For those who believed that David Fincher’s previous film, Mank, marked the start of a more sophisticated phase for the director, his latest work will come as a surprise. While Mank focused on the writing of Orson Welles’ Citizen Kane and was a lavish and substantial homage to old Hollywood (earning 10 Oscar nominations and 2 wins), his new movie, The Killer, is a gritty and action-packed hitman thriller based on a comic book. “I will always carry my inner 12-year-old with me and I am proud of that,” he declares.
Fincher appears to be embracing his youth rather than aging, but in a characteristic and controlled Fincher style. During our meeting at a London hotel, he seems to be in a particularly calm state. He appears to be in good health and is filled with humor and vitality, almost as if this is not yet another interview in his 40-year-long career.
Despite being a highly acclaimed and unique movie creator, Fincher does not like being labeled as an “auteur” or an artist. He believes there is a misconception that film directors simply tell others what they want and then retreat to their trailer while the movie is made exactly as they envisioned. In reality, the process involves a lot of hands-on work and is more comparable to playing with puppets and taking care of children or doing plumbing and construction tasks. It is much more physically demanding than most people realize.
However, when discussing The Killer, he explains, “I didn’t want to approach it too seriously.” He characterizes the movie as a “high-quality B-movie”: concise, captivating, and unexpectedly humorous despite its intense action scenes. Michael Fassbender’s portrayal of a lone assassin is almost comical in his meticulousness, from his deliberately un-Bond-like wardrobe (reminiscent of a German tourist) to his reusable collapsible cup for job assignments, to his selection of Smiths songs on his playlist. But when his carefully crafted plans go awry, he’s forced to break his own rule: “Plan ahead, don’t improvise.”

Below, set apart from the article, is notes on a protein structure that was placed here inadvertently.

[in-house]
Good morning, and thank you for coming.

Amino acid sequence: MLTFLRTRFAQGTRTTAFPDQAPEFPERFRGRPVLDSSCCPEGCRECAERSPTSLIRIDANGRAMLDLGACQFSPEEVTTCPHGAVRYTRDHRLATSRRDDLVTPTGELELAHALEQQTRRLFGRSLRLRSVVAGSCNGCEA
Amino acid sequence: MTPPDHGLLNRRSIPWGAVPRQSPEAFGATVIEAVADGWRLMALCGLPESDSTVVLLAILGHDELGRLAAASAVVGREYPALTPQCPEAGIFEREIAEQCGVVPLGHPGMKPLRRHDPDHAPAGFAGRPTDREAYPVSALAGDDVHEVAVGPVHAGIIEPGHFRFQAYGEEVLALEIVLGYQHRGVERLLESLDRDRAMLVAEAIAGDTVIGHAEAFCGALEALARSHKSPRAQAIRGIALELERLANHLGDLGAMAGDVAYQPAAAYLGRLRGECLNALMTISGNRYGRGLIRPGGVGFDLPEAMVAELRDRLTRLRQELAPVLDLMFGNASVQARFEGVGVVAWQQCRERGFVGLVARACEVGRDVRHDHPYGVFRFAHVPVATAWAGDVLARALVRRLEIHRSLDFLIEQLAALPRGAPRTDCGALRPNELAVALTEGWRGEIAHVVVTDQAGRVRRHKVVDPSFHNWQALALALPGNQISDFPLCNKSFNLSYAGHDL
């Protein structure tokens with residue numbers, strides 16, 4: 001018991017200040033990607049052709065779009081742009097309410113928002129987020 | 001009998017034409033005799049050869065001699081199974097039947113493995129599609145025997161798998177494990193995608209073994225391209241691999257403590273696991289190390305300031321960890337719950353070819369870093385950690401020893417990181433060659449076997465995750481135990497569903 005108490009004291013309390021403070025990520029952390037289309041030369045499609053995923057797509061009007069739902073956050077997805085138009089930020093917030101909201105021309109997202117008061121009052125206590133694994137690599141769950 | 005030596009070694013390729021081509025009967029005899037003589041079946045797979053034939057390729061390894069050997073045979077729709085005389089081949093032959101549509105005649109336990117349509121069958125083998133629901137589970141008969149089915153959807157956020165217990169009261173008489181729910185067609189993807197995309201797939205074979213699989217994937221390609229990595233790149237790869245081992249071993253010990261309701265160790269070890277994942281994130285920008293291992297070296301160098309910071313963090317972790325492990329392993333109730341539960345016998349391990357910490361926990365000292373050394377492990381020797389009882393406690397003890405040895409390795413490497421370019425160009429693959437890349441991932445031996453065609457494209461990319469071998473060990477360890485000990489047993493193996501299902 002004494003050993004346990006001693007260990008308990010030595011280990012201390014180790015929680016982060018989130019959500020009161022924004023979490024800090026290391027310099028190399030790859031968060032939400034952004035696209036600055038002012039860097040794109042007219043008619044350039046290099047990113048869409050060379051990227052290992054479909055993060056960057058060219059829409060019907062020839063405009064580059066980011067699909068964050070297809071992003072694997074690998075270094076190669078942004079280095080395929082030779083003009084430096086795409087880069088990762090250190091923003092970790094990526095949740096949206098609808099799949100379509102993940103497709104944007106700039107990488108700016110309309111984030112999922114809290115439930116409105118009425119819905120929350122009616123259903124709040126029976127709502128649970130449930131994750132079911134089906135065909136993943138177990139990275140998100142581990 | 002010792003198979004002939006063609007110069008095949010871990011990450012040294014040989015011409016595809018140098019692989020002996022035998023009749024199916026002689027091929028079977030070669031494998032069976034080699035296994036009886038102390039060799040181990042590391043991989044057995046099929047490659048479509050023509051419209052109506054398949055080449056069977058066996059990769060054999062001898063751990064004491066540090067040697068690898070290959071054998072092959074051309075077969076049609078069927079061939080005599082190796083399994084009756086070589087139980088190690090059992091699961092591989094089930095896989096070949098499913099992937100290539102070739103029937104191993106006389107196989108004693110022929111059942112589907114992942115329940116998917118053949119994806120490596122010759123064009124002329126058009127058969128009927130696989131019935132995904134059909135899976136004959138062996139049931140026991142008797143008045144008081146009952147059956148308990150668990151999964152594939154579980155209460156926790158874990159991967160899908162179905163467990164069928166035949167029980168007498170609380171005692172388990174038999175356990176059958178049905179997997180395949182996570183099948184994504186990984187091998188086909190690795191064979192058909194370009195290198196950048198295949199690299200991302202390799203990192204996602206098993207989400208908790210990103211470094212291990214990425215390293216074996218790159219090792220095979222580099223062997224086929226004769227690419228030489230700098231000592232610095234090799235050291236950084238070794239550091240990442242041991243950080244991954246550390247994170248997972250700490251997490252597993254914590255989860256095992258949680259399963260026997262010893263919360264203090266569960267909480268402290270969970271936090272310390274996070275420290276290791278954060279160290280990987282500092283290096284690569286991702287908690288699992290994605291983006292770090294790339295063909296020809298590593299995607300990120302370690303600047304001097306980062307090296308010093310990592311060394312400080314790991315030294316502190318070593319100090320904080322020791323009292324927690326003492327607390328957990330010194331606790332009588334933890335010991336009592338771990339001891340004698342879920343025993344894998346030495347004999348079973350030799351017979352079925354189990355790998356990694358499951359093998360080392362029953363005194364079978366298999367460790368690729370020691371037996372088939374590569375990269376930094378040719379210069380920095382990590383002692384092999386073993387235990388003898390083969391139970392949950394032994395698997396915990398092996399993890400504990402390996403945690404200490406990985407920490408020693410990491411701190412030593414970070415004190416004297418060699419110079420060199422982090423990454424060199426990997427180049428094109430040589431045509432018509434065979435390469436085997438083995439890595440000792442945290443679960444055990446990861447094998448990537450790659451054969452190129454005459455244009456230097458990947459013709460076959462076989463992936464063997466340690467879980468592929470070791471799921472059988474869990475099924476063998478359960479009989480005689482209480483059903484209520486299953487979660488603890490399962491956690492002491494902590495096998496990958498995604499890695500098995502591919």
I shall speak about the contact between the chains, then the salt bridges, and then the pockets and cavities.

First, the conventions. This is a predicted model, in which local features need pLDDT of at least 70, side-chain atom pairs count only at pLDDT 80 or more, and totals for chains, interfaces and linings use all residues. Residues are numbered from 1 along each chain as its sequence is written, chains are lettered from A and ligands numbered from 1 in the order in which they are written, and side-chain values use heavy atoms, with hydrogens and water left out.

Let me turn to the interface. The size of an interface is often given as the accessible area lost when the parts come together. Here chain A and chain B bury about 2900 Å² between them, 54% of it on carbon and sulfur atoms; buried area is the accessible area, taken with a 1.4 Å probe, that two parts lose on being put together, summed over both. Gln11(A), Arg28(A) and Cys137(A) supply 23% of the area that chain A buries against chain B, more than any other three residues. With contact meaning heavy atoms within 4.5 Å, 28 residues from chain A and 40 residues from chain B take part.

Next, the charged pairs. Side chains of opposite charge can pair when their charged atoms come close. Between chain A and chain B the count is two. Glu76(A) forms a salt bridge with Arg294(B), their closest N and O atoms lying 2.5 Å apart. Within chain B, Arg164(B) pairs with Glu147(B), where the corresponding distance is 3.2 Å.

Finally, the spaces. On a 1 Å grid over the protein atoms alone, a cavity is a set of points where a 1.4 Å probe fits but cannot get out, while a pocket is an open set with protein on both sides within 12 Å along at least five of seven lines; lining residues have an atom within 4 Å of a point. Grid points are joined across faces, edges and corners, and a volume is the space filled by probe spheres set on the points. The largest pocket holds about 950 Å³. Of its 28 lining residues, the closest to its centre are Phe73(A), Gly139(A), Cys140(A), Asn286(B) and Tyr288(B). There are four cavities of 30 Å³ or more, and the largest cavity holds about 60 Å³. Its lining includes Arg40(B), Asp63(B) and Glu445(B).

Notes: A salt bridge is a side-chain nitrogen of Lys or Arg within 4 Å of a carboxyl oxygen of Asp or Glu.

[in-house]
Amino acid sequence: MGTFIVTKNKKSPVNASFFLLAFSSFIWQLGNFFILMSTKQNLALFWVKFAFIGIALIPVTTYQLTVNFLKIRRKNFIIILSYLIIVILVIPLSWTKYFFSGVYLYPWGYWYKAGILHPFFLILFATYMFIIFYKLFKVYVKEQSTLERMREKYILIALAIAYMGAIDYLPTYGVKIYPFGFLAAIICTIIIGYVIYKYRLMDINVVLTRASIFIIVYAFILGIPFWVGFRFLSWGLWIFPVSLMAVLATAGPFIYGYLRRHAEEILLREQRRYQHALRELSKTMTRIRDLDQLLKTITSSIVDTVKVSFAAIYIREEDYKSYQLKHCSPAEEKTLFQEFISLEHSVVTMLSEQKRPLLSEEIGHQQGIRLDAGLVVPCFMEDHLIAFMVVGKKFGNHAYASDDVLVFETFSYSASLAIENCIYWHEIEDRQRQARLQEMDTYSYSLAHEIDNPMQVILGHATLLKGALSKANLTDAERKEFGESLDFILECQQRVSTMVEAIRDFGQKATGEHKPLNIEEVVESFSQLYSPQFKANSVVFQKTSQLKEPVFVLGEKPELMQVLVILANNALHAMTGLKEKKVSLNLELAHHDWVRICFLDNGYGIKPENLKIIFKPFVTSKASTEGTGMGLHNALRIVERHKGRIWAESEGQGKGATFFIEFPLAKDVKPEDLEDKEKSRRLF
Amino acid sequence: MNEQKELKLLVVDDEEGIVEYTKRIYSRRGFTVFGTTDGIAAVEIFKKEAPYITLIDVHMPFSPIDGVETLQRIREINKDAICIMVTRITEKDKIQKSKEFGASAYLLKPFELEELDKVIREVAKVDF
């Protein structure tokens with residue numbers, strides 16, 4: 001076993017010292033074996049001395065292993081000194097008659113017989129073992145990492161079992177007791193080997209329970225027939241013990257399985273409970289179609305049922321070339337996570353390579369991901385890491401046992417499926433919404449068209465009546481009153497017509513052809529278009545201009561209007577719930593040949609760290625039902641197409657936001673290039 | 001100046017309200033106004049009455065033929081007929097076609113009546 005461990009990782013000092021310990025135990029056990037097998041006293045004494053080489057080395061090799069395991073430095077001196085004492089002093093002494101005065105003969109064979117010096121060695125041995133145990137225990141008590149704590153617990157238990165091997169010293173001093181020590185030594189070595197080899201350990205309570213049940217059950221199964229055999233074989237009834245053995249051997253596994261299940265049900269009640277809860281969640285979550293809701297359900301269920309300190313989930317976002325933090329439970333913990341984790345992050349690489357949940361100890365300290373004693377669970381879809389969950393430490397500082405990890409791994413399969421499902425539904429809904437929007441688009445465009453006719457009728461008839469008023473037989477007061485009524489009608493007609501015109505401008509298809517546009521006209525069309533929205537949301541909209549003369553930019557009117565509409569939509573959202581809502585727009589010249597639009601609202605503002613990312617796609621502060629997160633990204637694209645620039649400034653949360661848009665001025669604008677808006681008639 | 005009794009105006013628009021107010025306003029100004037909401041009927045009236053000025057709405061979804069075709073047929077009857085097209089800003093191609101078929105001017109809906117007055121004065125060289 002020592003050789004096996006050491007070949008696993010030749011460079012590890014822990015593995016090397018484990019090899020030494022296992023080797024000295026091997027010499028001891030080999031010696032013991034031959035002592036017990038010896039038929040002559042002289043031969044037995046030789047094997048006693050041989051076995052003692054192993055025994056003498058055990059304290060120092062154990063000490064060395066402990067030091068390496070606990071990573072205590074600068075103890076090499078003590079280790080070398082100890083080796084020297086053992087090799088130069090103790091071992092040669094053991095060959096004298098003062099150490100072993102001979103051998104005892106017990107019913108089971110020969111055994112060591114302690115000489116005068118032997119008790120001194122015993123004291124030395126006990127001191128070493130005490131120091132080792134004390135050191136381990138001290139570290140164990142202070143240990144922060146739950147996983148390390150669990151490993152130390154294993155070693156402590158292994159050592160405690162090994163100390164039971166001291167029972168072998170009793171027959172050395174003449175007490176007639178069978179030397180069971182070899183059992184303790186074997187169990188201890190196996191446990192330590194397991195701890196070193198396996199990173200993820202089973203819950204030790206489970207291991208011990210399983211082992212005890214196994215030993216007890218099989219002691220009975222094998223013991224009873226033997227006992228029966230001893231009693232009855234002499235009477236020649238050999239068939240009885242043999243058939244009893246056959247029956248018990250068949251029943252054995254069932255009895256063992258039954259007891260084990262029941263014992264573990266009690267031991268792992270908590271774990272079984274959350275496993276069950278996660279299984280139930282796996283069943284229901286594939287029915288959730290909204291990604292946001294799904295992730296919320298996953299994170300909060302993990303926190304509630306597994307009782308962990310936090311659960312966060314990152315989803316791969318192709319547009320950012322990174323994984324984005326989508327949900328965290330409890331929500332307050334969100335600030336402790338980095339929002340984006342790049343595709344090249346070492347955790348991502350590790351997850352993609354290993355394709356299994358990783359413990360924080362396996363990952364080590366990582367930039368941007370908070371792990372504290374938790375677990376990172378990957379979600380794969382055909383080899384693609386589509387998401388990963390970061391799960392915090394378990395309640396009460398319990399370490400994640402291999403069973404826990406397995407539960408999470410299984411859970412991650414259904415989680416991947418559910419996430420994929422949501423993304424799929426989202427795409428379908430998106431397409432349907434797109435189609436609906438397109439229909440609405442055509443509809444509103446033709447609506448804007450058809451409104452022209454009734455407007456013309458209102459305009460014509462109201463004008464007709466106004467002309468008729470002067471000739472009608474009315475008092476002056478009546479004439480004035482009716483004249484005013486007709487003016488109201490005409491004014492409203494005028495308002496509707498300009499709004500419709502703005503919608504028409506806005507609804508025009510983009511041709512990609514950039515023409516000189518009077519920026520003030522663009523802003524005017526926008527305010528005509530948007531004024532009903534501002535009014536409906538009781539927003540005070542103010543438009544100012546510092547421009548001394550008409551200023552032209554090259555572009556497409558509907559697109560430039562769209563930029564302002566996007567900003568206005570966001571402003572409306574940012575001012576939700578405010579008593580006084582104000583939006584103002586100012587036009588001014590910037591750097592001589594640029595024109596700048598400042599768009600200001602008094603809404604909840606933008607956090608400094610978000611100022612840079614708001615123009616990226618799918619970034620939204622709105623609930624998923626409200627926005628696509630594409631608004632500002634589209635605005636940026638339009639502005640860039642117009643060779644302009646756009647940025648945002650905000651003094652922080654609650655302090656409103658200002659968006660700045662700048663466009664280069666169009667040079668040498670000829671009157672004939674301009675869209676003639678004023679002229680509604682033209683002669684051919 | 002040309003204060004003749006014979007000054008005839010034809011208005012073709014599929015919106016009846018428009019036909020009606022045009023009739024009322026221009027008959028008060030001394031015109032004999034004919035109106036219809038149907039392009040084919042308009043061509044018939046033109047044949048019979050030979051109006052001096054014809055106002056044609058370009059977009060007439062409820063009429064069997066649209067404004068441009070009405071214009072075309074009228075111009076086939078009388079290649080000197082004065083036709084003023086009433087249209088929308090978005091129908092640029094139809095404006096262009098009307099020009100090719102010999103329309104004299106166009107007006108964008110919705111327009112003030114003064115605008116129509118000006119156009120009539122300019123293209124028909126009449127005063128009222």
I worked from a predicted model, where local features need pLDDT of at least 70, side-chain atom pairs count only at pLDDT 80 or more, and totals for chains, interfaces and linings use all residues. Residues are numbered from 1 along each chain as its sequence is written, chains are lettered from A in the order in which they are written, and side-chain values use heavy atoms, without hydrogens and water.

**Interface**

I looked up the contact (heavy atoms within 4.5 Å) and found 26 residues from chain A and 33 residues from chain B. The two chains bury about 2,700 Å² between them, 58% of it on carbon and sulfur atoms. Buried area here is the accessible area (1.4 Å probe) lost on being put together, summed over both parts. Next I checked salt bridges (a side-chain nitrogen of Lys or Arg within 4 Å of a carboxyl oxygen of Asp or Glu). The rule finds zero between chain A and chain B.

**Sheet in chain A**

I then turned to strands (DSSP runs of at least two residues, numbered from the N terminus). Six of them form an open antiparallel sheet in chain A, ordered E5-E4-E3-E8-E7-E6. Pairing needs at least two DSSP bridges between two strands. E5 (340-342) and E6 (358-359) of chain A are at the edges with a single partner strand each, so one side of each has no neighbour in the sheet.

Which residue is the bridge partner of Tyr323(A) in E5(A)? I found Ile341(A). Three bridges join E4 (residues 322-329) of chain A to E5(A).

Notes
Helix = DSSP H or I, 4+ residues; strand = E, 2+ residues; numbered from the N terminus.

Could we potentially be seeing some of Fincher’s personal style shine through in this film? He is known for his meticulous attention to detail and lengthy filming process, often doing multiple takes. Fincher himself acknowledges the similarities between his approach to filmmaking and that of the main character in the film. He pays close attention to technical aspects and uses his tools with precision. He was even involved in refining the subtitles, wanting to ensure they accurately reflected the immediacy and subjectivity of the story. Fincher’s ultimate goal was to immerse the audience in the protagonist’s perspective, placing them in his “orbital sockets”.
Was his strict policy of multiple takes loosened for this movie? “Absolutely not,” he answers. “I don’t lower my standards. I cannot change my approach. I strongly believe that our main focus should be spending time in front of the camera with the actors. Anything else is irrelevant.”
The individual speaks highly of Tilda Swinton, particularly for her demanding nighttime scene in the snow. They shot 26 takes of it, which was quite complex, but she was determined and persevered. Despite the freezing temperatures, she was prepared with warming packets in her pockets and was compared to the Michelin woman.
Regarding Fassbender, he has shifted his focus from acting to his “first love”: motor racing. He has participated in the 24-hour Le Mans race for the last two years. Fincher caught him at a fortunate moment: Fassbender had recently viewed Jean-Pierre Melville’s 1967 thriller Le Samouraï. The methodical assassin portrayed by Alain Delon was a clear inspiration for The Killer. According to Fincher, Fassbender expressed to his agent: “We should do something similar.” It appears that Fassbender was well-suited for the role. “We’re discussing someone who is precise and also emotionally receptive,” he explains.